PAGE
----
Tue, May 04, 2004
And We Certainly Mean No Disrespect!
It was a labor of love, and it is
finally completed. Under the auspices of the Base Borden
Military Museum and with technical support from 16 Wing Borden, a
small group of dedicated volunteers have contributed more than
4,000 hours to the restoration of one of the most significant
aircraft in the history of Canadian military aviation: the Avro
The aircraft that was restored in Borden is a Mk4A, serial
number 18194. It entered service with the Royal Canadian Air
Force on 17 February 1954 and flew mostly with 428
“Ghost” Squadron in Uplands, Ontario. It was
struck off strength on 14 February 1964, after which it was
reassigned the training aid number 646B. For more than three
decades, it was used to teach aircraft decontamination procedures
at the School of Nuclear Biological and Chemical Defence in
Borden. Finally, on 18 August 2000 it was transferred to the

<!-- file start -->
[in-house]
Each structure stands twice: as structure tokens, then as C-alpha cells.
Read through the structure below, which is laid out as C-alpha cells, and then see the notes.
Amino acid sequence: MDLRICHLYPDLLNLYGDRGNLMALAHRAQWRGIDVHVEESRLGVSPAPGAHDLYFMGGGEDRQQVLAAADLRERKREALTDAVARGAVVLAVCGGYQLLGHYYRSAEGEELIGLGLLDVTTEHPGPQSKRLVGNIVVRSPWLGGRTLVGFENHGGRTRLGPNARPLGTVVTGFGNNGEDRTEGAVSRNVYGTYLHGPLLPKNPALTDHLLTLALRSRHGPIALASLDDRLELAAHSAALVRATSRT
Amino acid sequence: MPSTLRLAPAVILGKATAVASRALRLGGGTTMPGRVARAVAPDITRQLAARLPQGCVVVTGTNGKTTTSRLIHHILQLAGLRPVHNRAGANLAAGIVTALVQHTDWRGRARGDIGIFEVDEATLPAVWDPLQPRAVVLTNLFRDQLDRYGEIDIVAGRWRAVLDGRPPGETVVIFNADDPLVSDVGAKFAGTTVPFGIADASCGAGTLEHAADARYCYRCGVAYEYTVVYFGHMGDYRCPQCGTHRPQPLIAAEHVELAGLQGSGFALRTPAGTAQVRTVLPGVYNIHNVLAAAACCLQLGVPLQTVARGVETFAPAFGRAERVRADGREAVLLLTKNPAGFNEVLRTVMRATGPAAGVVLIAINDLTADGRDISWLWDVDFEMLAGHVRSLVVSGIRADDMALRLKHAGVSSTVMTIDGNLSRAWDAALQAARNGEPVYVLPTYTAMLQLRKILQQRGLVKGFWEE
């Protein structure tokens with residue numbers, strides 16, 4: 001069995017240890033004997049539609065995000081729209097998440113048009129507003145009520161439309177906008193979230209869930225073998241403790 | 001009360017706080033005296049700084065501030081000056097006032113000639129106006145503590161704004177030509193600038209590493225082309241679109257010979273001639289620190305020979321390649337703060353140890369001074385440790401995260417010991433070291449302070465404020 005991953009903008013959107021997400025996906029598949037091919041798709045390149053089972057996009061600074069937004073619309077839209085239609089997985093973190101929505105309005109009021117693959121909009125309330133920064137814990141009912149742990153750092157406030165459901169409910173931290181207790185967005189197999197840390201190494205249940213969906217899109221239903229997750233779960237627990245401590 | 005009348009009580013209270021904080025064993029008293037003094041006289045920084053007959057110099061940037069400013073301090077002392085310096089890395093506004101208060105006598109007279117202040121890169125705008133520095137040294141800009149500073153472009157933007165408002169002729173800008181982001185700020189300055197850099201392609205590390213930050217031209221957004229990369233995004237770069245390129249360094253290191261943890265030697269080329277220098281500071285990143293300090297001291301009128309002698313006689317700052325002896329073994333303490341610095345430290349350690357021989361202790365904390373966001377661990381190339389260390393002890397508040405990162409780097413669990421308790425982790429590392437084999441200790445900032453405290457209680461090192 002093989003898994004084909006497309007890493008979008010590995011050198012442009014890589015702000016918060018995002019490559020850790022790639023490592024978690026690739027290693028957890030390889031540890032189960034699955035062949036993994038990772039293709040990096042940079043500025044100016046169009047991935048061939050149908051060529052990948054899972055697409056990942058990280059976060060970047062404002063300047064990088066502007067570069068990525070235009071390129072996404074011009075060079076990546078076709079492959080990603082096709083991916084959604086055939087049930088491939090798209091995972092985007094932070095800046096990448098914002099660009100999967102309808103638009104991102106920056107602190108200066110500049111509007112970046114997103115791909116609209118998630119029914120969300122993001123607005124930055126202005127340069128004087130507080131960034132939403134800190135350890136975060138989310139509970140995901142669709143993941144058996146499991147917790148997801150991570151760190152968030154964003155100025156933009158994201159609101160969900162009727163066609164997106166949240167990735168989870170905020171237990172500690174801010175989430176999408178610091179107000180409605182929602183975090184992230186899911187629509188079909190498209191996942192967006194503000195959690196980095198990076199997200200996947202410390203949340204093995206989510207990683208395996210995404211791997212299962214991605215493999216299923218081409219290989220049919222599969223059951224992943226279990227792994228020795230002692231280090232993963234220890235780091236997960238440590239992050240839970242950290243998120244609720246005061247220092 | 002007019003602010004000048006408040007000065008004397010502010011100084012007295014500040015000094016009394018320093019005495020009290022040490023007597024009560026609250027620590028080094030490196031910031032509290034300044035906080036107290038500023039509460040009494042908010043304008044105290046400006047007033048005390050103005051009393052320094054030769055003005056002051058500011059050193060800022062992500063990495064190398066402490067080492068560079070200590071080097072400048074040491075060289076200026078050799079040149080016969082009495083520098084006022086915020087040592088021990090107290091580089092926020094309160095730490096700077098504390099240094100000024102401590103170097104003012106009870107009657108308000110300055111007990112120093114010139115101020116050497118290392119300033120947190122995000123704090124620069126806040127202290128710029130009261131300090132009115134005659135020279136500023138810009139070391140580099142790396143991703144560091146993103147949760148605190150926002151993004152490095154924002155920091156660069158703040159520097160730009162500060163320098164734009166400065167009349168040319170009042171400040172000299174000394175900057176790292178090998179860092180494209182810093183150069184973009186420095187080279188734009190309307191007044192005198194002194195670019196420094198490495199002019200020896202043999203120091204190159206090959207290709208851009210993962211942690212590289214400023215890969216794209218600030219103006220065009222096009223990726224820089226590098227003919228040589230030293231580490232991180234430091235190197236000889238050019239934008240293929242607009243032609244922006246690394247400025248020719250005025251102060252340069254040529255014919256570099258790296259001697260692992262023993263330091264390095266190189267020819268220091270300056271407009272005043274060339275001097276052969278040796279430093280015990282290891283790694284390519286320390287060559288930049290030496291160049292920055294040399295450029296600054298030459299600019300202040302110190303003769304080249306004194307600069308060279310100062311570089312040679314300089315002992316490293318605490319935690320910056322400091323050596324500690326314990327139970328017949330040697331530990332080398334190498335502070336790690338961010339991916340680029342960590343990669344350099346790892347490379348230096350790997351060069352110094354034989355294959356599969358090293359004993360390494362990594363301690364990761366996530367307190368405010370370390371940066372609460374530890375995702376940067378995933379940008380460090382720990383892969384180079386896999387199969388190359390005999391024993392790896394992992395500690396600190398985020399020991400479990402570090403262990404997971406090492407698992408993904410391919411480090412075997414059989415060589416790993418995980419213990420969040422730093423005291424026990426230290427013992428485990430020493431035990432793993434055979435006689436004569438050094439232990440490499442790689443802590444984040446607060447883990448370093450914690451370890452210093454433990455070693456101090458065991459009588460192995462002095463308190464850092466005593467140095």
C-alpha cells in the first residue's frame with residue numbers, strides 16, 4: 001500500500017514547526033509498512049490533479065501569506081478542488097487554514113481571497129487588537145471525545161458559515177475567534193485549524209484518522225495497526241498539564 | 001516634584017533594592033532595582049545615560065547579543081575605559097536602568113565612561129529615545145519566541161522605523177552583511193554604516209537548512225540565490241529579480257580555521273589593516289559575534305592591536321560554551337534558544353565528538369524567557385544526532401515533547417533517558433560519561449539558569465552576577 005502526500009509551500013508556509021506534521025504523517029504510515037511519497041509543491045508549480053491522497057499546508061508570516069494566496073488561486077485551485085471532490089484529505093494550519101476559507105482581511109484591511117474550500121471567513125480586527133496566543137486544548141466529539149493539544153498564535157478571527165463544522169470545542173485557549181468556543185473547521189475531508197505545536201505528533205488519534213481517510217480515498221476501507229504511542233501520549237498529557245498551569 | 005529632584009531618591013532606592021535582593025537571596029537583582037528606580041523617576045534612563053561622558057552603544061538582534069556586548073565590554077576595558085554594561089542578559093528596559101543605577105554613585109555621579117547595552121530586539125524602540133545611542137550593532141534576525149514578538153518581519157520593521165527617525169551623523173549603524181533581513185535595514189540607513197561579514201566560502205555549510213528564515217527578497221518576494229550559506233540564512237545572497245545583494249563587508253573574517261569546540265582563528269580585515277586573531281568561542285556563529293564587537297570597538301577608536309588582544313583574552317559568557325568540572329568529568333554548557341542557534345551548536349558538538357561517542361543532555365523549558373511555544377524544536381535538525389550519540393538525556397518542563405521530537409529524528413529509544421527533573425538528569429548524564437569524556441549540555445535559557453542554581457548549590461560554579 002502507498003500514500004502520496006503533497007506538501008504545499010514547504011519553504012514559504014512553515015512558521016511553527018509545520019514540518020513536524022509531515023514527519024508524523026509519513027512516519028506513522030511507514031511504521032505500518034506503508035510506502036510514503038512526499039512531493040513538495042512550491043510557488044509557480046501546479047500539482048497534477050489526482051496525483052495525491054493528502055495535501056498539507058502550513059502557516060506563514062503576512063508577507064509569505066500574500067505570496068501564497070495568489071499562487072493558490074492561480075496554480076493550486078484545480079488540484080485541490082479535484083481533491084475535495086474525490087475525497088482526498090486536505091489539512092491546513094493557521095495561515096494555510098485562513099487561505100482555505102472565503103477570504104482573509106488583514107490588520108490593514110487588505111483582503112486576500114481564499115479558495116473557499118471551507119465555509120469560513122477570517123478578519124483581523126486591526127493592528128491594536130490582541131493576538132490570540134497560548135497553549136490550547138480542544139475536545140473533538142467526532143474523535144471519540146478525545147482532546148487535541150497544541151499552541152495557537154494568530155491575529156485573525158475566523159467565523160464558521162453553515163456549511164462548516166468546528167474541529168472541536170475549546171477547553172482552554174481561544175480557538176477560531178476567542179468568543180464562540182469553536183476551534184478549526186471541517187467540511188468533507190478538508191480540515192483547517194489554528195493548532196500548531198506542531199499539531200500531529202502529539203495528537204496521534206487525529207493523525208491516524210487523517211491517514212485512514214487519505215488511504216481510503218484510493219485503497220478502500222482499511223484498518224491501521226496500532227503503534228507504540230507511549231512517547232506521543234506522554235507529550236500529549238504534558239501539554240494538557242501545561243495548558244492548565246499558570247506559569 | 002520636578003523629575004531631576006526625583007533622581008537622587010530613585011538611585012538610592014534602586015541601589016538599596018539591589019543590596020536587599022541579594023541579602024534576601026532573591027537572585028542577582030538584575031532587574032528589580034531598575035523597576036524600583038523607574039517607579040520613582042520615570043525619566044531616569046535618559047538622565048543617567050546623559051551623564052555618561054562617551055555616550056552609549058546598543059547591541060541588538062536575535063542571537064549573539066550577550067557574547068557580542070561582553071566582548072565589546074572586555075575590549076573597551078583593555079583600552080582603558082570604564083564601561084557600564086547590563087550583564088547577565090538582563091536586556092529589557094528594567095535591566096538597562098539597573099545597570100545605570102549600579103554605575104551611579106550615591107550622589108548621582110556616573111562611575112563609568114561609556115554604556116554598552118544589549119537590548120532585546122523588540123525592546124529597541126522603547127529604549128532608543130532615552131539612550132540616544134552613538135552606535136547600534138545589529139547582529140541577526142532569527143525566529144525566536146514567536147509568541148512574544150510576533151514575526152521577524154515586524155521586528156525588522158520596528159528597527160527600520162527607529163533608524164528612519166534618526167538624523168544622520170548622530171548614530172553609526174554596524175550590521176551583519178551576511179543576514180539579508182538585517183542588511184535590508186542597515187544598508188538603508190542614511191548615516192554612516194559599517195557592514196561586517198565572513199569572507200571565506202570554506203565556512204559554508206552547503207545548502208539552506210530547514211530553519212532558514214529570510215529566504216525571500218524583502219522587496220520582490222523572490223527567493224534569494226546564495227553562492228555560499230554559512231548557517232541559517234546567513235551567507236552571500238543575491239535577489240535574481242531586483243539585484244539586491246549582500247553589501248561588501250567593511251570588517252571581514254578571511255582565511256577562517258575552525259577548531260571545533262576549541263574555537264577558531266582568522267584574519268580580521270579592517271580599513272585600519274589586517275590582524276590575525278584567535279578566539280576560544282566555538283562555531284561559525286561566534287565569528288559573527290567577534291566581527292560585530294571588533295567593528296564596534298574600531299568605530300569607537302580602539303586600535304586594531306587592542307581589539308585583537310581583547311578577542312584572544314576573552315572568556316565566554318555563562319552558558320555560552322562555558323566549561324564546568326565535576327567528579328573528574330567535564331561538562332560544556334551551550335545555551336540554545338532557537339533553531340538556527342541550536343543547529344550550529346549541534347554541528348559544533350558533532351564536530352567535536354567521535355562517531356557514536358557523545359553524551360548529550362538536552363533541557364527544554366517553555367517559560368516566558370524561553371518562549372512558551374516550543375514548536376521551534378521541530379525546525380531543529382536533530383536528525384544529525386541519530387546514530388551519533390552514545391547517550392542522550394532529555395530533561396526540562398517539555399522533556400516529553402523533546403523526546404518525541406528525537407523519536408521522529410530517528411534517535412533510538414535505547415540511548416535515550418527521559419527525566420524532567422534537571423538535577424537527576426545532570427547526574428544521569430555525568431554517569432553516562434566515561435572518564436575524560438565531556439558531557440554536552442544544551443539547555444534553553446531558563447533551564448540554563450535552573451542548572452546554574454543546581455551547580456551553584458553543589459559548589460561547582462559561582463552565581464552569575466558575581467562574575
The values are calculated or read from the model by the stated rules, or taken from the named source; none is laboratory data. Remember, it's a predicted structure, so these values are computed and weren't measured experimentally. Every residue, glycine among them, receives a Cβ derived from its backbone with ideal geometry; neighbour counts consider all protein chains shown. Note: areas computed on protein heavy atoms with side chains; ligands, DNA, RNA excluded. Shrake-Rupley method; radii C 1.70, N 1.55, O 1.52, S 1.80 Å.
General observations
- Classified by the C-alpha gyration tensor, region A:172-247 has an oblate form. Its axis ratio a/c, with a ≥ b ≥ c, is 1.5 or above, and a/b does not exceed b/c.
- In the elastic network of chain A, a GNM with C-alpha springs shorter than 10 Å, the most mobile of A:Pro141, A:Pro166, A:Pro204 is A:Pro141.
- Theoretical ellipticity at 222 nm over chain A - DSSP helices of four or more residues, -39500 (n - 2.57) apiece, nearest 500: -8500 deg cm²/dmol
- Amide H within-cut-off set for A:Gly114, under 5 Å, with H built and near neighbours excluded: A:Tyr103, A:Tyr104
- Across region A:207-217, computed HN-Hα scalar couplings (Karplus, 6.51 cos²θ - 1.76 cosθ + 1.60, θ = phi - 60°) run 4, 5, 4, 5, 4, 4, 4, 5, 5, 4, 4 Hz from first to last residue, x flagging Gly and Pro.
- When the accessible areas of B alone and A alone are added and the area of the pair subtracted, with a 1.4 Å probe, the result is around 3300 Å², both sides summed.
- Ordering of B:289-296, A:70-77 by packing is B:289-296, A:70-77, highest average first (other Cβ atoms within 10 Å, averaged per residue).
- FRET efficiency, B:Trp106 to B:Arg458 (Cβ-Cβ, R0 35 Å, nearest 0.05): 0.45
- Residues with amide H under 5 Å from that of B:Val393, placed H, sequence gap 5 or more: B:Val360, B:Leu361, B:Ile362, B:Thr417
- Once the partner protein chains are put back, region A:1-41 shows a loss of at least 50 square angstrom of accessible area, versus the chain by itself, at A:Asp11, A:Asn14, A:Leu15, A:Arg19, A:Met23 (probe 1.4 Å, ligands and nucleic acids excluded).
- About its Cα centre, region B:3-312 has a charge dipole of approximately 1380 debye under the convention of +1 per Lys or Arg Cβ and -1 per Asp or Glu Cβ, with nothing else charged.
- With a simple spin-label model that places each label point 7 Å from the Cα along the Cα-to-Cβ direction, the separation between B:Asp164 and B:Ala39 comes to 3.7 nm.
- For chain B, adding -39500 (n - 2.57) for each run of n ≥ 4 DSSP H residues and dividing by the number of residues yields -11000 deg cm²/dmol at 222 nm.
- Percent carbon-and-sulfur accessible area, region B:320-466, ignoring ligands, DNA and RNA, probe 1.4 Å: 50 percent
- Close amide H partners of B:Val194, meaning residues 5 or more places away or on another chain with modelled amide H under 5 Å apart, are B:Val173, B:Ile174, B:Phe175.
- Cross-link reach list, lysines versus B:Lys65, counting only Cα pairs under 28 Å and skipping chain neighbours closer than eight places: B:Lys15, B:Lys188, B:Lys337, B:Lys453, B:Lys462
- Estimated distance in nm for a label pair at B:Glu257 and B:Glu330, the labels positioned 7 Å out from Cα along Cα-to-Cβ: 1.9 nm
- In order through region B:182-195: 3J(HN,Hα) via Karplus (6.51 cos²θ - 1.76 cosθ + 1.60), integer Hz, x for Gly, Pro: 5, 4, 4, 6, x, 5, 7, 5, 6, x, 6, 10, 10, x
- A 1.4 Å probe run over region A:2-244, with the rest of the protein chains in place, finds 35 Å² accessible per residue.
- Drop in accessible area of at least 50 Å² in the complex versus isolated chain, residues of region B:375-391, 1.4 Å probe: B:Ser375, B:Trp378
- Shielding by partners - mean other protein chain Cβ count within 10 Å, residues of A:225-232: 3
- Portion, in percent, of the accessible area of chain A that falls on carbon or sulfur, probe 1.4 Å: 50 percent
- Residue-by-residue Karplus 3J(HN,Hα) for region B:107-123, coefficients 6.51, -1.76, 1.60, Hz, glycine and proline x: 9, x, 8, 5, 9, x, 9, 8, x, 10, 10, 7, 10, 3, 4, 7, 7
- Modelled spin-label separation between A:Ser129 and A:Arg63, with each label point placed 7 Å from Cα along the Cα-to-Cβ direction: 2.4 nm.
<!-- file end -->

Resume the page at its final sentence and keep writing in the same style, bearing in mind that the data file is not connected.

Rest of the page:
Base Museum and converted to museum artefact status.
Thanks to the efforts of our group of dedicated volunteers, the
aircraft was restored to static display conditions and unveiled on
the occasion of the RCAF 80th Anniversary celebrations in Borden,
on April 2, 2004. For that reason, it was chosen as this
year's theme aircraft for the RCAF anniversary celebrations.
Canuck number 18194 is possibly the only restored Mk.4A in Canada,
as most of its type were either scrapped or converted to Mk.4B
during the mid-Fifties.
The Avro CF-100 Canuck was the first all-Canadian jet
fighter. During the 1950’s, the Royal Canadian Air
Force bought 639 Canucks from Avro Ltd, in Malton, for the defence
of Canada's air space. Powered by Orenda engines, the CF-100
was the first straight wing aircraft to break the sound barrier.
Its armament included eight .50 calibre machine-guns and
fifty-eight 2.75 inch rockets.
First introduced in 1953, this all-weather fighter excelled in
its primary role of air defence of Canada for ten years. Some
also served as all-weather complement to the Canadian Sabres in
Europe. Many of the remaining CF-100's were eventually
converted to an electronic countermeasures role and flew with 414
Squadron until the Canuck was finally phased out in 1981.
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